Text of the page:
(all of these pictures expand by left-clicking)
Landscaping addresses the out of doors. It’s true purpose, dating back literally thousands of years, is to provide an interpretive canvas of beauty and form to allow a human to appreciate the combination of Nature and man’s own work. In my experience, landscaping occurs in two precincts:
1. In the towns and social structures we circulate in. Cities have gloried in gorgeous landscapes from Babylon and even before that, to Central Park in New York City. It seems Mankind consistently desires something objective and pleasing amid the social whirl. The fountains of Rome and the fabulously whimsical park of Barcelona designed by Antonio Gaudi prove this utter need in a faultlessly direct manner. Chinese Gardens predate European constructions by, literally, thousands of years, providing a canal city like Zuchou whose Vienna-like canals and garden were constructed some 2,500 years ago. This town was constructed with the express purpose of being that “Garden City”.
We look at cities like Toronto, Canada and wonder what they can accomplish in all the cold winter weather and, yet, we see huge efforts by Canadians to please the eye. This plaza was designed as a wave-like soundscape, a computer-interpreted visual representation of music for those strolling there towards events in their downtown Music Center.
Park Guell in Barcelona is an absolutely eccentric “peak” of the landscape artist’s palette.
This is landscaping at it’s highest development – a unique brand of expression occupying enormous swaths of our social infrastructure whose purpose is simply nothing more than to please the eye and to provide a pleasant and sometimes- interesting place to meet and enjoy life. This simplicity of experience cannot be overstated.
In all our modern angst over events political and personal, there remains these monuments to our common need to enjoy ourselves and experience the positive aspects of growing nature and of man’s innate creativity.
The designers and the installers of landscapes believe in this notion. From city planning on the most massive scale, to a homeowner who wants to enjoy his home far from the madding crowd, landscaping provides a release of the troubled mind – its purpose from the get go. I must also admit that it becomes most obvious that our “modern angst” is nothing new. Pleasure has always served as the antidote to pain. The fabulous cathedrals of Europe were constructed during The Plague and during endless warfare. They gave people hope in a vicious world. The dialogue of landscaping is still working on this antipodal level.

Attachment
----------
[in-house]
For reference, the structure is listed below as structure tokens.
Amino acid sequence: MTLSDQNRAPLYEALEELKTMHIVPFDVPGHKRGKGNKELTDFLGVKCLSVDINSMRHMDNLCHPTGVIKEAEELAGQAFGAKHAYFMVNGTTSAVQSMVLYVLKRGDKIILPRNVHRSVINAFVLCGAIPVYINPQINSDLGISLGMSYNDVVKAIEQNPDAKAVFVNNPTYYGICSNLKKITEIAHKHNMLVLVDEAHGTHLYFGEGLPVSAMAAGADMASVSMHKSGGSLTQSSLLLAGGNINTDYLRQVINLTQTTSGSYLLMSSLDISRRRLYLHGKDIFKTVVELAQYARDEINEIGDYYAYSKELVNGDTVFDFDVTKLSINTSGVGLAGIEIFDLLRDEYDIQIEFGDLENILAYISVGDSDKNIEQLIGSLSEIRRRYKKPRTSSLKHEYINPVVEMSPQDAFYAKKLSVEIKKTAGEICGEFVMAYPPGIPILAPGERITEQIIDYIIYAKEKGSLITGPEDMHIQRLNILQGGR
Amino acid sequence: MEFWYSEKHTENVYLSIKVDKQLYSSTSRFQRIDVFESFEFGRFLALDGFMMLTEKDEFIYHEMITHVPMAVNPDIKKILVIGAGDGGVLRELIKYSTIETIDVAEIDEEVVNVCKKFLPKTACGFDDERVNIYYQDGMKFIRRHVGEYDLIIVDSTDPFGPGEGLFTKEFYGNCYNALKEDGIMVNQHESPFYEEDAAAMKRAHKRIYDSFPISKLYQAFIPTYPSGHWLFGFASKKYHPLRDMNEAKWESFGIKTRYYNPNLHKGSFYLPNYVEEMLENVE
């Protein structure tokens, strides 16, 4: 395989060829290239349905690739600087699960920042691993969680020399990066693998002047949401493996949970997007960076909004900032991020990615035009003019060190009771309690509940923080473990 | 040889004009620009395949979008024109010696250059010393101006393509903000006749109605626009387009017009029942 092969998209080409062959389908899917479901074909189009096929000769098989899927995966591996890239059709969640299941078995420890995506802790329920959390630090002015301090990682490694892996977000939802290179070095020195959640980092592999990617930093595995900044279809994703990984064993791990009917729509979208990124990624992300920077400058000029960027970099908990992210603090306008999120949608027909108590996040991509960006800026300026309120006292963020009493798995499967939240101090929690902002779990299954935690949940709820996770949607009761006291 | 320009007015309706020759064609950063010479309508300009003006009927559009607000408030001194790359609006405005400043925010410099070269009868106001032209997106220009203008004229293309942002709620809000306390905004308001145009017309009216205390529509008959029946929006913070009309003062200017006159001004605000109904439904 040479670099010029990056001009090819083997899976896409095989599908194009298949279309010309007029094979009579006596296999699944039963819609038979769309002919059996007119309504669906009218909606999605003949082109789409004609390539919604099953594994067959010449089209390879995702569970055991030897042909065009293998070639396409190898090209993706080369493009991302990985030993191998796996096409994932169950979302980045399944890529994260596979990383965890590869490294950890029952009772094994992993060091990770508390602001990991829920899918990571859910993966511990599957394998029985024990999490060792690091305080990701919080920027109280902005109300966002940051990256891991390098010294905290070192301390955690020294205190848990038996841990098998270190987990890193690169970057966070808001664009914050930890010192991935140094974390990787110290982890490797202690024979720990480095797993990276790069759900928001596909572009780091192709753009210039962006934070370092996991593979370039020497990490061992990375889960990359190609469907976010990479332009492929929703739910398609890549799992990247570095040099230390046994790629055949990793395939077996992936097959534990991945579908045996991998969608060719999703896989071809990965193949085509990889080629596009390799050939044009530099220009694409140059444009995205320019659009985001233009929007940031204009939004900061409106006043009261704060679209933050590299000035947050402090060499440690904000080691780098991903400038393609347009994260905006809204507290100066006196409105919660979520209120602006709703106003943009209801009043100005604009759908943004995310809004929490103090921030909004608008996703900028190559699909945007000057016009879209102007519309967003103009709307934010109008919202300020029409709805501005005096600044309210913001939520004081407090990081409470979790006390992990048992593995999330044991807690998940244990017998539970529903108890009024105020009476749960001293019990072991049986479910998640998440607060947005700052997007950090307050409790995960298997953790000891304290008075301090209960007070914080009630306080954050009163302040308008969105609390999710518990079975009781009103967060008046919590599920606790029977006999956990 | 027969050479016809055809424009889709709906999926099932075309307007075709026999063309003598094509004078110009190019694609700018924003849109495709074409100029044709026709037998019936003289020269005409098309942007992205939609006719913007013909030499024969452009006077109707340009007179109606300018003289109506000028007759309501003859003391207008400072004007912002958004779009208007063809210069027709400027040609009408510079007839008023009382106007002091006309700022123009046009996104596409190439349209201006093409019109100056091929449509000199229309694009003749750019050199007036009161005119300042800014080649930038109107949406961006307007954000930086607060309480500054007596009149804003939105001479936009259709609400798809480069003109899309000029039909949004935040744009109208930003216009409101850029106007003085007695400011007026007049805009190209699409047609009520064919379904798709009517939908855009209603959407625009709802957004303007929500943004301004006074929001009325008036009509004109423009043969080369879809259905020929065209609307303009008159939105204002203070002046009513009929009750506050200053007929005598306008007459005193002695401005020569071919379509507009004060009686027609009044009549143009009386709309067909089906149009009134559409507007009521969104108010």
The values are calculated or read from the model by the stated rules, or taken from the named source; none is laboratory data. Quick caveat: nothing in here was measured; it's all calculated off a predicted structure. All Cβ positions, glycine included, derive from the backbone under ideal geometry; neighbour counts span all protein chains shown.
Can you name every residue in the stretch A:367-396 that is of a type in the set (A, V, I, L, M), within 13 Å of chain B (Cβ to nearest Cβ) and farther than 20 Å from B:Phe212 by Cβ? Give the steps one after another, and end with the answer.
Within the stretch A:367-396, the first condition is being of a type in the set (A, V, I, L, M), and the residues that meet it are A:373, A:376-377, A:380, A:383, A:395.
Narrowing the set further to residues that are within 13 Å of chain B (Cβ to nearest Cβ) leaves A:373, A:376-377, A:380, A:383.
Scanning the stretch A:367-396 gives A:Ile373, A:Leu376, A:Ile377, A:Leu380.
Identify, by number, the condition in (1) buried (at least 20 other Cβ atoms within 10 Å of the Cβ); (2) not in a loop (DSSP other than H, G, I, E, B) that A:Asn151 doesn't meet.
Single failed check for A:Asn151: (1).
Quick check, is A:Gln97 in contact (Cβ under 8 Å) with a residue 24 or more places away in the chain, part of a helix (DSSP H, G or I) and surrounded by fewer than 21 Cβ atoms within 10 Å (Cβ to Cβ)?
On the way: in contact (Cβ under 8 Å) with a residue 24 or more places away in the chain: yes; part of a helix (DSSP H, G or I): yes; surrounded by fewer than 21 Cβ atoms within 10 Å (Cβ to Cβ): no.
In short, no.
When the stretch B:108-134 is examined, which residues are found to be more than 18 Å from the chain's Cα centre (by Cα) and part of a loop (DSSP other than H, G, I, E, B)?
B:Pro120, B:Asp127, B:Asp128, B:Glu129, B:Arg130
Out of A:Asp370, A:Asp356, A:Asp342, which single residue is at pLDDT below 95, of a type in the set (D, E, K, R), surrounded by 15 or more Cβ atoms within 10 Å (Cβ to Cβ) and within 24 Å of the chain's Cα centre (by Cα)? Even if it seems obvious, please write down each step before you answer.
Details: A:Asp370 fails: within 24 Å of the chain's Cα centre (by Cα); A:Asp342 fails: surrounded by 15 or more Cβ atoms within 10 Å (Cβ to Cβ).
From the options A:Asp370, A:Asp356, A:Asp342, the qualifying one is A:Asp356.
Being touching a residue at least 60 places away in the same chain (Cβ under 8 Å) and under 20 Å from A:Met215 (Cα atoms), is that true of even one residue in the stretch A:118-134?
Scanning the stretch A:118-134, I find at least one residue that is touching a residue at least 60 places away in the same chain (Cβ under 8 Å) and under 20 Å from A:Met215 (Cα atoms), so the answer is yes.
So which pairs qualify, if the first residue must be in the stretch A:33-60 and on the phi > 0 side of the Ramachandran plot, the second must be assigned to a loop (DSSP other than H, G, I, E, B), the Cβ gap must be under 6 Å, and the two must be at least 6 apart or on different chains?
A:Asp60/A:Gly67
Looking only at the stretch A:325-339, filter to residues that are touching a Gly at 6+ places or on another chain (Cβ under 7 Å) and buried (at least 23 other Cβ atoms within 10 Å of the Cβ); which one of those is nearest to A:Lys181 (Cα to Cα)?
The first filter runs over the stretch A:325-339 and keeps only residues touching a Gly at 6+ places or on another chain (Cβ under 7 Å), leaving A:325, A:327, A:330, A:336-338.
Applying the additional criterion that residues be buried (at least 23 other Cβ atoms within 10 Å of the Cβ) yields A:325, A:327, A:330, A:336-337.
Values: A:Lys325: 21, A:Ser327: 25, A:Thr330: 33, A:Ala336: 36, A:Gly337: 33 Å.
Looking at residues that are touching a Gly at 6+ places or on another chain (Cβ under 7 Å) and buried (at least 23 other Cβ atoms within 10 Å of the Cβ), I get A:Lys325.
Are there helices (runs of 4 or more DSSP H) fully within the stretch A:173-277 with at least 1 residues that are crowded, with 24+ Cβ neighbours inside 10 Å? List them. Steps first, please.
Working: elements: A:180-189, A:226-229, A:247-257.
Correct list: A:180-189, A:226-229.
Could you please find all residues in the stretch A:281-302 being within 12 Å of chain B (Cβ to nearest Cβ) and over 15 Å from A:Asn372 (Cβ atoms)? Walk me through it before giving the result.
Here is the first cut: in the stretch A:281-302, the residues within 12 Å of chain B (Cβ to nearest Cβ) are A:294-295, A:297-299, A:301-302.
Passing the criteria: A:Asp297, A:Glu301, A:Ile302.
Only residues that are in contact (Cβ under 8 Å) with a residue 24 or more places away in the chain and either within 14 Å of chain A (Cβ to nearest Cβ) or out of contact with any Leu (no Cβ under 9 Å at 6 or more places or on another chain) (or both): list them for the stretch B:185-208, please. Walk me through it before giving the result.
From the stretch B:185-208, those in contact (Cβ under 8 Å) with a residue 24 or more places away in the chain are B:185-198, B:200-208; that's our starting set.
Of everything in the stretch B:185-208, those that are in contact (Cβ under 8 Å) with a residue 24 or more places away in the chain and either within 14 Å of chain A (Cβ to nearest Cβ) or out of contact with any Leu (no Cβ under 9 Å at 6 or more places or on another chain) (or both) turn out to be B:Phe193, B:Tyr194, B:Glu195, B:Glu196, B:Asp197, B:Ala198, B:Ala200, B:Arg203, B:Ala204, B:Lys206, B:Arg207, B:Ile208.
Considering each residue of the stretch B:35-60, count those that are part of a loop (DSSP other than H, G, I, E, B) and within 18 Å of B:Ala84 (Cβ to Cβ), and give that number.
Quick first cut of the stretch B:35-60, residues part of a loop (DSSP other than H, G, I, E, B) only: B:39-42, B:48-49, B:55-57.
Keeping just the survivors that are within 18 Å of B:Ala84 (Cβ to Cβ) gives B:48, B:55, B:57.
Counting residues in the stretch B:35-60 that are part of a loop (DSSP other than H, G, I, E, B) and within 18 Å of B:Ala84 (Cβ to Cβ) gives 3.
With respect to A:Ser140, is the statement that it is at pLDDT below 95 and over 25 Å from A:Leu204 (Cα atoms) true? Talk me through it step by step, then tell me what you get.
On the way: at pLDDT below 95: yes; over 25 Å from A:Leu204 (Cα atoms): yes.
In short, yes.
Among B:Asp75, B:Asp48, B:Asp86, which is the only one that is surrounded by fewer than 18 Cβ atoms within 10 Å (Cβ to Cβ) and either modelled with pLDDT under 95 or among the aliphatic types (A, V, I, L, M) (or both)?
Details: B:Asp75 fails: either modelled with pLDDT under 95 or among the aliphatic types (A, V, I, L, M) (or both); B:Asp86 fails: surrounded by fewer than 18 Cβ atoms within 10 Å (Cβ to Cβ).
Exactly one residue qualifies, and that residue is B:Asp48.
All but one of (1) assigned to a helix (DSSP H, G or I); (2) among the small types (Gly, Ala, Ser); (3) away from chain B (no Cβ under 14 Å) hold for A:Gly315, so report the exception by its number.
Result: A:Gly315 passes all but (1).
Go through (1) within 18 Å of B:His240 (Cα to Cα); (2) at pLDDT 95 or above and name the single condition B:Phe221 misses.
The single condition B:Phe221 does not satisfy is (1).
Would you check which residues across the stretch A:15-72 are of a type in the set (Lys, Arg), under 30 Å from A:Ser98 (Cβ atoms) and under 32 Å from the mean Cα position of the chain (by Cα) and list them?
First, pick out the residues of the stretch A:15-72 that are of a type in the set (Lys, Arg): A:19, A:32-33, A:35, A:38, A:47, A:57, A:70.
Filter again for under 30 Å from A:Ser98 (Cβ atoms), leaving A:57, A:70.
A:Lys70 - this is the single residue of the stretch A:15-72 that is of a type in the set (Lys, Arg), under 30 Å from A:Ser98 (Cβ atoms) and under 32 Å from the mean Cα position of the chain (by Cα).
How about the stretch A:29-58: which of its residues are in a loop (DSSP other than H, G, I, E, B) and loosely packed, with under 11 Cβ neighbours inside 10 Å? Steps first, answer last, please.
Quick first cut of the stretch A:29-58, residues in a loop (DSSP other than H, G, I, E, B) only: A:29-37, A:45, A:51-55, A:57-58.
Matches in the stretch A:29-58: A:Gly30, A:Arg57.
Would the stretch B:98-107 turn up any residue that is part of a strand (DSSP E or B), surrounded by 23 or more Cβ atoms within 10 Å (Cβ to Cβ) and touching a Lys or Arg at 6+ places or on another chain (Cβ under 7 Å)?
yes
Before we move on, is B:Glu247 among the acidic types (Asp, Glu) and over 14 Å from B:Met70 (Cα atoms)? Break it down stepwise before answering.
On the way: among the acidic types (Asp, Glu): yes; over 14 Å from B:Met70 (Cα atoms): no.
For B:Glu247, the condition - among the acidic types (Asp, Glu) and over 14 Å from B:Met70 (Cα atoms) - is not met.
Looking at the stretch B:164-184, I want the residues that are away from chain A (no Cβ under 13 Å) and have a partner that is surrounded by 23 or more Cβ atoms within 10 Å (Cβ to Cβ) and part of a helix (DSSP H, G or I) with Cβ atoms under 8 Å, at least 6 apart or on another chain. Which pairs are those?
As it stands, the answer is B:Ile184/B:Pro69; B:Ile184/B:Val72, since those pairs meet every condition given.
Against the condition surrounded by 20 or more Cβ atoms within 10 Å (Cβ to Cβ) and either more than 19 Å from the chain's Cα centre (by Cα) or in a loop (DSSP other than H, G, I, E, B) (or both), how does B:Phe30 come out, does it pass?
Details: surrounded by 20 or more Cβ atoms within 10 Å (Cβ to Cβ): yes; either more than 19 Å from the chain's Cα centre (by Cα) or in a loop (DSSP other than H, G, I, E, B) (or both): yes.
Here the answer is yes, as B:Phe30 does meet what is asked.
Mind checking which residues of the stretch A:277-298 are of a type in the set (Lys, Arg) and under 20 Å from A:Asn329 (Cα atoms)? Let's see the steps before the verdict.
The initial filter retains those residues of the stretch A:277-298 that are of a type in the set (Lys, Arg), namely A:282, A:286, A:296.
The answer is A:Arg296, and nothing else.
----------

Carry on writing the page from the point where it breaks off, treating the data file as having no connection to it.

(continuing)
2. The Home
Among the first celebrations of a culture who reach a certain level of prosperity has always been the construction of gardens and natural wonders of landscaping. Recent developments have made far more common a more local urge – to decorate our homes. The American Prosperity of the last Century has made a virtual “Every home a castle”, in strict economic terms. It has developed home ownership into a massive project – from gardening to landscaping – by paying far more attention to how we present ourselves (Front Yard Landscaping, driveways and the likes) to how we relax, out in the back yard. Patios, gazebos, garden structures, night lighting, waterfalls and swimming pools have changed the once-utilitarian abodes from a place to sleep to something more. It has also unleashed the creative juices of landscape and garden designers who have provided absolutely breath-taking scenes of utterly private beauty and sometimes strangeness.
Illuminating the night, we find our spaces expanded outdoors, providing virtual “rooms” which proscribe our patios and outdoor environments, and adding depth and mystery to the foregrounds.
The introduction of water is always a thrill as so many folks have opted to see and listen to the pleasant and encompassing sounds of water in their back yards.
Landscaping is succeeding at its primary goal. More and more people are aware of the healthful impact of a rested and relaxed mind, to say nothing of the microclimatic changes a small patch of land can yield around a house. Counter-designed landscapes providing abundant exchanges of healthy gases and moisture are a side benefit and among the more surprising effects that the study of plants and their impact on human beings can yield.
We now celebrate technologies which “feed” plants and environments in previously impossible places. Waterproofing technology is every bit as important as structural integrity becomes whole in previously precarious combinations. Our plants now climb walls and vice versa.